Sista Girl.

A year ago lost month, I lost a dear friend.  I met Michelle at the home of a widow named Ms. Lovie in the inner city community where we regularly gathered to encourage and support women trapped in prostitution and addiction. Michelle had encountered a team of volunteers working in the community garden who shared God's love with her and invited her a way to walk out of this lifestyle with the support of a family.  She rejected them initially, but that afternoon she walked back to Ms. Lovie's house having mulled over the words of love shared with her earlier.  She asked Ms. Lovie to call us and tell us she was ready and wanted out.  We picked Michelle up that evening and drove her to a safe place for the night.  She stayed there until she could get into an outpatient rehab group home and we began our friendship.  The first few weeks were sweet, we learned a lot about one another.  I learned that she was abused as a child by a "stepdad" figure when mom worked nights.  She recounted being 7 when he first stumbled drunk into her room.  She also recounted how she felt when she saw him turn toward her twin sister's bed instead of hers and her split second decision to go put herself between the two of them and take the abuse so that her sister could be spared.  She told me how she hated that one of her eyes was lower than the other, and how she liked her glasses because she noticed it less.  I told her I loved that about her because it reminded me how she saw the world a little different than most of us do and how much we needed that "sight" and she smiled for real at that moment right in the midst of her pain.  She told me about how her mom refused to believe her about the abuse and how when she turned to the streets to search for a solution to her pain how they locked her out.  She told me how much it sucked that her sister, who faithfully attended a prominent black church in town, judged her without ever knowing what Michelle had done for her.  We wept together over this and read the story of the prodigal son --it was a moment of liberation for Michelle.  We spent a lot of time laughing together and joking and a lot of time praying, and a good amount in tears.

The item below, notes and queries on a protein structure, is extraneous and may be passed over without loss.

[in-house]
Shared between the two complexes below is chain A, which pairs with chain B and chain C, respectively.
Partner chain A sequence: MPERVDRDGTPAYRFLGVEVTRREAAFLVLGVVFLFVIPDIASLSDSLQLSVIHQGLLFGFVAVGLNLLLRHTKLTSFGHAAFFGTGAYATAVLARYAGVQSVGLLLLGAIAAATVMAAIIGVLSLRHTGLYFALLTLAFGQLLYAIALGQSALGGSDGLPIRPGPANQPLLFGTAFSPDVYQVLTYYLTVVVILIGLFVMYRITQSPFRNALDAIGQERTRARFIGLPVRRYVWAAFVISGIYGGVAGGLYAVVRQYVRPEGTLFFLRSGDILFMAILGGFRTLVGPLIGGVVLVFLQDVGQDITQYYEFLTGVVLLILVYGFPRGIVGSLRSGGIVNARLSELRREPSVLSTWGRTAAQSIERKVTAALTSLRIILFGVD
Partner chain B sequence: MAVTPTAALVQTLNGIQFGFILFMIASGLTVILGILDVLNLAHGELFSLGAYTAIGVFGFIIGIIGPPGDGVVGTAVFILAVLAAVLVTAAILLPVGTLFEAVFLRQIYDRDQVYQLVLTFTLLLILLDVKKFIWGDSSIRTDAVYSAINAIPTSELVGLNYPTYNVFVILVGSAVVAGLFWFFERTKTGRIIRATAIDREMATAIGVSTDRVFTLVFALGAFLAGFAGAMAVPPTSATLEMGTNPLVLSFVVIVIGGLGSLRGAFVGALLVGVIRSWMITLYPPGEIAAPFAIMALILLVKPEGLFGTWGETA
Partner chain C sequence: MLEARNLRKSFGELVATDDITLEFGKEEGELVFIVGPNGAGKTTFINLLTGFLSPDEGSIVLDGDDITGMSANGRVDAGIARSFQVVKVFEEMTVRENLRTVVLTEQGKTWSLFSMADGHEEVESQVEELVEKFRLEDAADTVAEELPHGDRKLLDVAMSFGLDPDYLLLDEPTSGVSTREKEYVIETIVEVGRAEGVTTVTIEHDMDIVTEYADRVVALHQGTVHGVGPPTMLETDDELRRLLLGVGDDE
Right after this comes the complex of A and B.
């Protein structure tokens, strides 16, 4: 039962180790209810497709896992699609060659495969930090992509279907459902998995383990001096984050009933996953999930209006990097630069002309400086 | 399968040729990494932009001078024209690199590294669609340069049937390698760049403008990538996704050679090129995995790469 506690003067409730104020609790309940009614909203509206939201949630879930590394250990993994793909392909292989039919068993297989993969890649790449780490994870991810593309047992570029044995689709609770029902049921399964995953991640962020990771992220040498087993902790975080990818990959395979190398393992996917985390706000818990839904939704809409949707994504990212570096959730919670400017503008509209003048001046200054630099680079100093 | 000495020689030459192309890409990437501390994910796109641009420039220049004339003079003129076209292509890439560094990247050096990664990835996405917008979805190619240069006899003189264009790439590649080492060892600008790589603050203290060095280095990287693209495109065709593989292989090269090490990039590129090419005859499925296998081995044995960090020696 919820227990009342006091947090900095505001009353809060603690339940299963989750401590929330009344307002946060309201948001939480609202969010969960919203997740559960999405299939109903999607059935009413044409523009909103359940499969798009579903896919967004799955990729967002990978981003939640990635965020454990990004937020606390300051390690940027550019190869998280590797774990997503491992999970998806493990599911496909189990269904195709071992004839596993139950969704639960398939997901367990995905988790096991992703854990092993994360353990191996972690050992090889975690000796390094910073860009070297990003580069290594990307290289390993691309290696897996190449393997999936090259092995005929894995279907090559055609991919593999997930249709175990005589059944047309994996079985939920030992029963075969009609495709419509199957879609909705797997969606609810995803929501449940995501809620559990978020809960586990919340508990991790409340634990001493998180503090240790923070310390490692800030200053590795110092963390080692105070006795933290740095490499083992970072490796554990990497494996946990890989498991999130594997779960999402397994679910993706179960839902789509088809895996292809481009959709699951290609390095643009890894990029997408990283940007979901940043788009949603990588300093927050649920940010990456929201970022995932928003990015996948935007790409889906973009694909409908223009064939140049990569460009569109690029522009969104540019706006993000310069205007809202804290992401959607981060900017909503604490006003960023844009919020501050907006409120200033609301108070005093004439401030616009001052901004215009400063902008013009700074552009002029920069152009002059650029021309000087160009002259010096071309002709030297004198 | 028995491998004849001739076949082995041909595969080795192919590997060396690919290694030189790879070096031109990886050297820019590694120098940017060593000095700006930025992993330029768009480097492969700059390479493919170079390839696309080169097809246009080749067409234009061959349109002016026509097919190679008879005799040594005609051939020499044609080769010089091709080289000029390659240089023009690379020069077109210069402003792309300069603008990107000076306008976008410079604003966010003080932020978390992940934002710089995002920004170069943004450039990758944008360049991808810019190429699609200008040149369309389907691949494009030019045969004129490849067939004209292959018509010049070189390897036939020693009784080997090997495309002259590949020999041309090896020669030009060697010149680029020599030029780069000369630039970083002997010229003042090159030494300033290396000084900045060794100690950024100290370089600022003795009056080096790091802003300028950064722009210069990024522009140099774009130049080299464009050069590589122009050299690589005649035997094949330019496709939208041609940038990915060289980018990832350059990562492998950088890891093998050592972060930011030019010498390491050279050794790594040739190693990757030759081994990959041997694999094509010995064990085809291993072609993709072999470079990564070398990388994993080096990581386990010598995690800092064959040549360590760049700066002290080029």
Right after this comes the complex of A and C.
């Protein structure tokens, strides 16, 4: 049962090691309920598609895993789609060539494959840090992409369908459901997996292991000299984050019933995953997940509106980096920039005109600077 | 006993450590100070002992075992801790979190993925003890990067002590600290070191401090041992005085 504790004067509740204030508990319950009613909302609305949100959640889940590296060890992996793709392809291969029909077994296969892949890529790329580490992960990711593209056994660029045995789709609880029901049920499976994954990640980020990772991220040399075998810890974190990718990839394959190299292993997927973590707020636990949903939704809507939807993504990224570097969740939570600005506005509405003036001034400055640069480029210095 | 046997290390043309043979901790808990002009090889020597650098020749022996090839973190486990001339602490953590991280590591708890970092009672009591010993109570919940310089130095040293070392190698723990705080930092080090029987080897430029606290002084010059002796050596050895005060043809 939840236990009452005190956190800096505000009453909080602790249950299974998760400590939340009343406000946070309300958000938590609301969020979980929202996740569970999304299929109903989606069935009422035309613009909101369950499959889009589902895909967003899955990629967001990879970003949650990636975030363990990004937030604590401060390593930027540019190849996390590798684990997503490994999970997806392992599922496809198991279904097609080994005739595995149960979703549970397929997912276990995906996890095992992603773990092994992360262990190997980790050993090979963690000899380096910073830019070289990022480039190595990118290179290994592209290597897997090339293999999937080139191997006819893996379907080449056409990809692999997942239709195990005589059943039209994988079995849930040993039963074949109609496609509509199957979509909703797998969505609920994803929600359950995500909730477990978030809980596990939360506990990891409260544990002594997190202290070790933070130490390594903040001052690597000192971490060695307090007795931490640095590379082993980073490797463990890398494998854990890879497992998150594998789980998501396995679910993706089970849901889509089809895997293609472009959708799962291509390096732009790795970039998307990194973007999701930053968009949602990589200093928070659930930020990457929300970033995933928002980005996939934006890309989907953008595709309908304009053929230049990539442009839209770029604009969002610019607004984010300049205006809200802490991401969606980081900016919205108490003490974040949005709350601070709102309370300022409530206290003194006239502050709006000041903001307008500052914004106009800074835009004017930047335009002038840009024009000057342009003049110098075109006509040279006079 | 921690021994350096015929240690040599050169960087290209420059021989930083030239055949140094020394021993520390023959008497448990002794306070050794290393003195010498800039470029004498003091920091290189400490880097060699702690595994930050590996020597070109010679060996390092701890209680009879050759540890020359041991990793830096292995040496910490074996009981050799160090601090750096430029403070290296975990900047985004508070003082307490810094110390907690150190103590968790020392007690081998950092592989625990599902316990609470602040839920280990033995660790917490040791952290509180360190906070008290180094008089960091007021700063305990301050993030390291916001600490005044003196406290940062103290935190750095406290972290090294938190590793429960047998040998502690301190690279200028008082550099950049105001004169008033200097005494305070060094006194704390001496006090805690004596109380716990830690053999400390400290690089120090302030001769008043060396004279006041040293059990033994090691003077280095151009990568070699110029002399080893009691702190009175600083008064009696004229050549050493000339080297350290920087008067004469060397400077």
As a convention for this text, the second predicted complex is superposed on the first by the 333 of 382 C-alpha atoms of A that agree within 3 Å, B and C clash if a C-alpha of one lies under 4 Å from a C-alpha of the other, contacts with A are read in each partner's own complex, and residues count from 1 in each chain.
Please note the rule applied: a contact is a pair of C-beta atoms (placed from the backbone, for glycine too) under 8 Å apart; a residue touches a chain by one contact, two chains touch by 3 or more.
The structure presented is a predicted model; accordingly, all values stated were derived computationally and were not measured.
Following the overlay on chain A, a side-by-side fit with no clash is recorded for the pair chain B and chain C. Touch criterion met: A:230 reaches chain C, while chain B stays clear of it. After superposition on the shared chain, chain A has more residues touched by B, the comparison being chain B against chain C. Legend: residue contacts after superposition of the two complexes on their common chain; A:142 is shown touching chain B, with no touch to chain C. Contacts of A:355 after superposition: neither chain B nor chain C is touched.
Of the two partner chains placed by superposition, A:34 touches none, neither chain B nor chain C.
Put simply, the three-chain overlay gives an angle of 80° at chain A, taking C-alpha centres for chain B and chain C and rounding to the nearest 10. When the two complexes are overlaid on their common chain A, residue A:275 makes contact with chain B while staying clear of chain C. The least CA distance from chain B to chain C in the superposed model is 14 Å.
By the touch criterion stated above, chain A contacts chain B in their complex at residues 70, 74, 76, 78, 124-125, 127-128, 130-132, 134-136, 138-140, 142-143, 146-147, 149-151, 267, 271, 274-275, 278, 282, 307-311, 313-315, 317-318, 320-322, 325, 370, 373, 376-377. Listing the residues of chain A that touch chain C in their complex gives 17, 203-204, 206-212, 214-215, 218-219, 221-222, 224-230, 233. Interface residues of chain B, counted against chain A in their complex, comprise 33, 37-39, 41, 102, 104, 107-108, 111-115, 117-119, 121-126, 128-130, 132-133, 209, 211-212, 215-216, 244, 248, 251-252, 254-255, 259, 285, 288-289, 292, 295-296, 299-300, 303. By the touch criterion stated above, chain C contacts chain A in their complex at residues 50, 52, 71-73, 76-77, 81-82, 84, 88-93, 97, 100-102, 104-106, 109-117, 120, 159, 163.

Michelle had survived all of that backstory and gone on to graduate college and work for the Urban League.  She was a faithful and loved worker and had never intended on leaving until she went to the doctor for a check-up and learned that she had colon cancer.  She was recently divorced and the news of cancer combined with the doctor's report that the initial chemo treatments weren't working like they'd hoped sent her running to the streets again in search of a way to numb the pain and the fear of facing something like this alone.